Discovering Hrithik

Published On: 2012-05-25

Author: unknown

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Discovering Hrithik, the consummate actor!

A child trapped in an adolescent’s body who is different and agonises over being excluded from the mainstream and is not able to keep pace with his peer group. An alien who gets left behind when a UFO lands and the manner in which both the boy (who is also an alien in a sense) and the alien bond, so much so that the alien infuses the boy with energy to make him almost superhuman. The anguish of the mother who has to single-handed rear such a child and the manner in which friendship, loyalty and true love (yes, that much-hyped but still relevant emotion) can transcend any barrier: Rakesh Roshan manages to weave all strands into a compelling, multilayered narrative. The story has a universal appeal as form and content merge to produce a gripping tale well told.

With consummate skill, Hrithik manages to depict the anguish of an autistic child. By turns, mocked, pitied or berated, the pain of such a child can be felt either by the parents or those who are afflicted themselves. It goes to the credit of director Rakesh Roshan that he manages to depict the silent suffering with a rare degree of authenticity. The internal world of such a child is counterpoised against the harsh reality of the external social world. The latter refuses to accept such an individual and relegates him to the periphery of social life. In this well-enacted, excellently directed movie, Hrithik essays the challenging role brilliantly in a nuanced manner, with a rare depth and maturity.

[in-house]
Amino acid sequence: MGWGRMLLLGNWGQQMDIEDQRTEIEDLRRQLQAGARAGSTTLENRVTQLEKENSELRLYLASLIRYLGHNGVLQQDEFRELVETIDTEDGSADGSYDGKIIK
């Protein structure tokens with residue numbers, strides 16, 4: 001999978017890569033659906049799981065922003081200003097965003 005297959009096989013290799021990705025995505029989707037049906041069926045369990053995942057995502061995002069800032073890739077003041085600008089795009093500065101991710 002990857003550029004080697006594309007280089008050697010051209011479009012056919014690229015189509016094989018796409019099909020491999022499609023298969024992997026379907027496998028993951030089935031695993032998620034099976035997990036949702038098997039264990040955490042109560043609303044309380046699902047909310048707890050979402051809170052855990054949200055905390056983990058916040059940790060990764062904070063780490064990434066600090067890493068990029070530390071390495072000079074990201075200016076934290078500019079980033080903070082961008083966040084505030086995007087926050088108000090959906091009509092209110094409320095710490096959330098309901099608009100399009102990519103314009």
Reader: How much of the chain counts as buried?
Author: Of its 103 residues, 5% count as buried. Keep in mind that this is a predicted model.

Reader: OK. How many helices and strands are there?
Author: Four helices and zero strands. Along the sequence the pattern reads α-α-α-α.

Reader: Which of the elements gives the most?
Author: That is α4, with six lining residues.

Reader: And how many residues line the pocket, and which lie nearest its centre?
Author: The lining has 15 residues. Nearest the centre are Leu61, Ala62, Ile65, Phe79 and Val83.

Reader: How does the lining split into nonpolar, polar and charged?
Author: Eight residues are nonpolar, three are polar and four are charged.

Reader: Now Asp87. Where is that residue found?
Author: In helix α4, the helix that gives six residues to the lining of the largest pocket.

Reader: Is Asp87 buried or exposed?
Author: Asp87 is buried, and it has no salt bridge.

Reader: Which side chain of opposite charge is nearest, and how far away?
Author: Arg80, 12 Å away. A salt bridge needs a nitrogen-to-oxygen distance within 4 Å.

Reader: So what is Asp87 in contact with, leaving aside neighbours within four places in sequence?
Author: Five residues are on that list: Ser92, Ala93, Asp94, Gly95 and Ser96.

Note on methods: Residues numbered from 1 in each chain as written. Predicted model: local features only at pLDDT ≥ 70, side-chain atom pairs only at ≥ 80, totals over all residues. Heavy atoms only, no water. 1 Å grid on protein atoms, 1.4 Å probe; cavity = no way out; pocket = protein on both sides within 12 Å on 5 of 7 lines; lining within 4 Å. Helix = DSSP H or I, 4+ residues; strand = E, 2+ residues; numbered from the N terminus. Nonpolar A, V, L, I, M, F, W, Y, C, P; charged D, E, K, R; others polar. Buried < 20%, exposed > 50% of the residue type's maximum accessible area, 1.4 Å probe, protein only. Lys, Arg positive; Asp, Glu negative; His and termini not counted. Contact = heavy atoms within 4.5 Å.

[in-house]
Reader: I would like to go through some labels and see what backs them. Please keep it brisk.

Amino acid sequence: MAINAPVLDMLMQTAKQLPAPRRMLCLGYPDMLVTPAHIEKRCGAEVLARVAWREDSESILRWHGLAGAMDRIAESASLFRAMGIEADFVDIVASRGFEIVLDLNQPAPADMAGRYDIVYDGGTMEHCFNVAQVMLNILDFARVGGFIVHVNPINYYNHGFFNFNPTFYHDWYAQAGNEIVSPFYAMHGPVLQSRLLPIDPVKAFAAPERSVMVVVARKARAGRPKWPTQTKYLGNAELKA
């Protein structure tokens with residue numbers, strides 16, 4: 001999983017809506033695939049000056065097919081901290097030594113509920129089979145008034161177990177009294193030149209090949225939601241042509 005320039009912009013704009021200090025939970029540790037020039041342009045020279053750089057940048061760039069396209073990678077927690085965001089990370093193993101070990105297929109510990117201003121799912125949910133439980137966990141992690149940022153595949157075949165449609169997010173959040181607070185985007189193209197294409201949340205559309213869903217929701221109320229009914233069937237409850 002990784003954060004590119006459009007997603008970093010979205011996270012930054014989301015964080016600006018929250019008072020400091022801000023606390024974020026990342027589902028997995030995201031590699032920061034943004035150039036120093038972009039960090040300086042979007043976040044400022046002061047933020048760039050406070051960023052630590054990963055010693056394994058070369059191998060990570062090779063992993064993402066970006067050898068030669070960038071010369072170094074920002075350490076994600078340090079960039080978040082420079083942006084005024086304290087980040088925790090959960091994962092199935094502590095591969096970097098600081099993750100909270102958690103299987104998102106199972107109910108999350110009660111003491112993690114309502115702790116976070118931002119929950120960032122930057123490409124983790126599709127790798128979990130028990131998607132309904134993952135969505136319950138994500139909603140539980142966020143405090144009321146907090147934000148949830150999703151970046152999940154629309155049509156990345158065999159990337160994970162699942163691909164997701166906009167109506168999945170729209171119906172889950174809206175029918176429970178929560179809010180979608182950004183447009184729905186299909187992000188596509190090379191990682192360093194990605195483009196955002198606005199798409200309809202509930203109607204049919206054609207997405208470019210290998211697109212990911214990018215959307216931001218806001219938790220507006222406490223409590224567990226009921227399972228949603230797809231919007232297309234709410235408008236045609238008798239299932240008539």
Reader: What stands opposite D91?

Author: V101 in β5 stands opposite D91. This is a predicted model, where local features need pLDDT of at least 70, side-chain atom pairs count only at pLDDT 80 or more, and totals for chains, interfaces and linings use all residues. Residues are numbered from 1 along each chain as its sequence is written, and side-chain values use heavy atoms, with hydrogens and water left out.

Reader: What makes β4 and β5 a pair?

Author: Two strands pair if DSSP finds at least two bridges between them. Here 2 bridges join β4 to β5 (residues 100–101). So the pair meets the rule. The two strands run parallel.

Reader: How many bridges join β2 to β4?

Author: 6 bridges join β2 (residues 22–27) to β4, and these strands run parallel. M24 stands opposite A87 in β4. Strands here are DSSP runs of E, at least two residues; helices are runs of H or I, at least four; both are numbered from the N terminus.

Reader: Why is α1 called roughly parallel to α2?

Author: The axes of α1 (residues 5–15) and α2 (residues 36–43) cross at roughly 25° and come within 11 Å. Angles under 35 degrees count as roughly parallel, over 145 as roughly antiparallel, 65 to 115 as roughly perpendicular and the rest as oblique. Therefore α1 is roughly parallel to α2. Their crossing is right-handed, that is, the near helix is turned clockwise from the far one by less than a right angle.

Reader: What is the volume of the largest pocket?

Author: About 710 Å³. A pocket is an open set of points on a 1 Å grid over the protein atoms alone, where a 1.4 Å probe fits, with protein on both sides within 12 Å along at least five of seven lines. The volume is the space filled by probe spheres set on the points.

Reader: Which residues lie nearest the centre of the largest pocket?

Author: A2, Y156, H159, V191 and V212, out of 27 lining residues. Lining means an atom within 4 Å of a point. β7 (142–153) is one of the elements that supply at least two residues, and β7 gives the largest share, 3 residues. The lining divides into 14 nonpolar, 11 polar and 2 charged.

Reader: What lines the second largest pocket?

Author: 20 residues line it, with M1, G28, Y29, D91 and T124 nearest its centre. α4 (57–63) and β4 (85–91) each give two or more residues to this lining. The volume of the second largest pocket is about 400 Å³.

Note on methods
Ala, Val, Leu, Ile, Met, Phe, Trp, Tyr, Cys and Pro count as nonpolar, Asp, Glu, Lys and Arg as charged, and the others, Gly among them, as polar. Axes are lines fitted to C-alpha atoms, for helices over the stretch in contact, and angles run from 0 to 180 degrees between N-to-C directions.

His body language, the haunted look in his eyes as he beseeches Lord Krishna to make him like others of his age leave an indelible impact. The awkward, stiff and contorted gestures, the stilted speech and a puppet-like gait reveal how he has worked hard to hone his acting skill like a seasoned artiste and craftsman. As Rohit, he manages to bring a lump to the viewers’ throat with the poignancy of his anguished look and unshed tears when confronted by insensitivity and apathy. 

Strangely, the manner in which the aptly named alien, Jadoo, comes and infuses the autistic Rohit with energy and makes him normal, does not stretch the limits of credibility. It neither jars nor strikes one as incongruous. For this, full marks to the acting and directing prowess of the father-son duo who have worked to create a classic. The manner in which Rohit discovers his inner strength and by becoming responsible for another (in this case the safety of Jadoo) also finds a reservoir of strength and autonomy from within is the rites of passage from childhood to adulthood. From a prank-playing schoolboy, socially gauche and emotionally naive, to a boy who demonstrates and exults in his physical prowess, Rohit comes alive.

Besides weaving a multilayered narrative, the viewers are forced to question the parametres and definitions of what is normal and what is abnormal behaviour. If the autistic Rohit is not normal, there is nothing deviant about his adherence to the time-tested values of loyalty, sincerity and friendship. On the other hand, "normal" people like Raj might be intelligent, powerful as well as heroic but they derive their power and strength by mocking people who are disadvantaged or weaker than themselves. Some food for introspection!

Even as adults, we can not help rejoicing when the till-now-battered (physically as well as emotionally) Rohit gives back as good as he gets. With childish glee, we want to applaud as he thrashes his tormentors. Whatever the technical sophistication and exorbitant special effects, victory of good over evil and revenge of the underdog will never cease to fascinate and Roshan uses it deftly by giving myriad tones of colour and greys to a narrative that could have easily slipped into cliches.

Sensitively portrayed and beautifully etched is the relationship between the exuberant and vivacious Nisha (Preity Zinta), who empathises with Rohit and befriends him. She emotes with finesse and her character rings true, no over-the-top declarations of sympathy but just a warm, humane concern for a friend. From friendship and camaraderie to physical attraction and finally to love that transcends all. The evolution of their equation is parallel to the transition of Hrithik from a child at the receiving end to an adult who is proactive. It will not be an exaggeration to say that the viewers will find Hrithik the consummate, sensitive actor in Koi Mil Gaya. — Aruti Nayar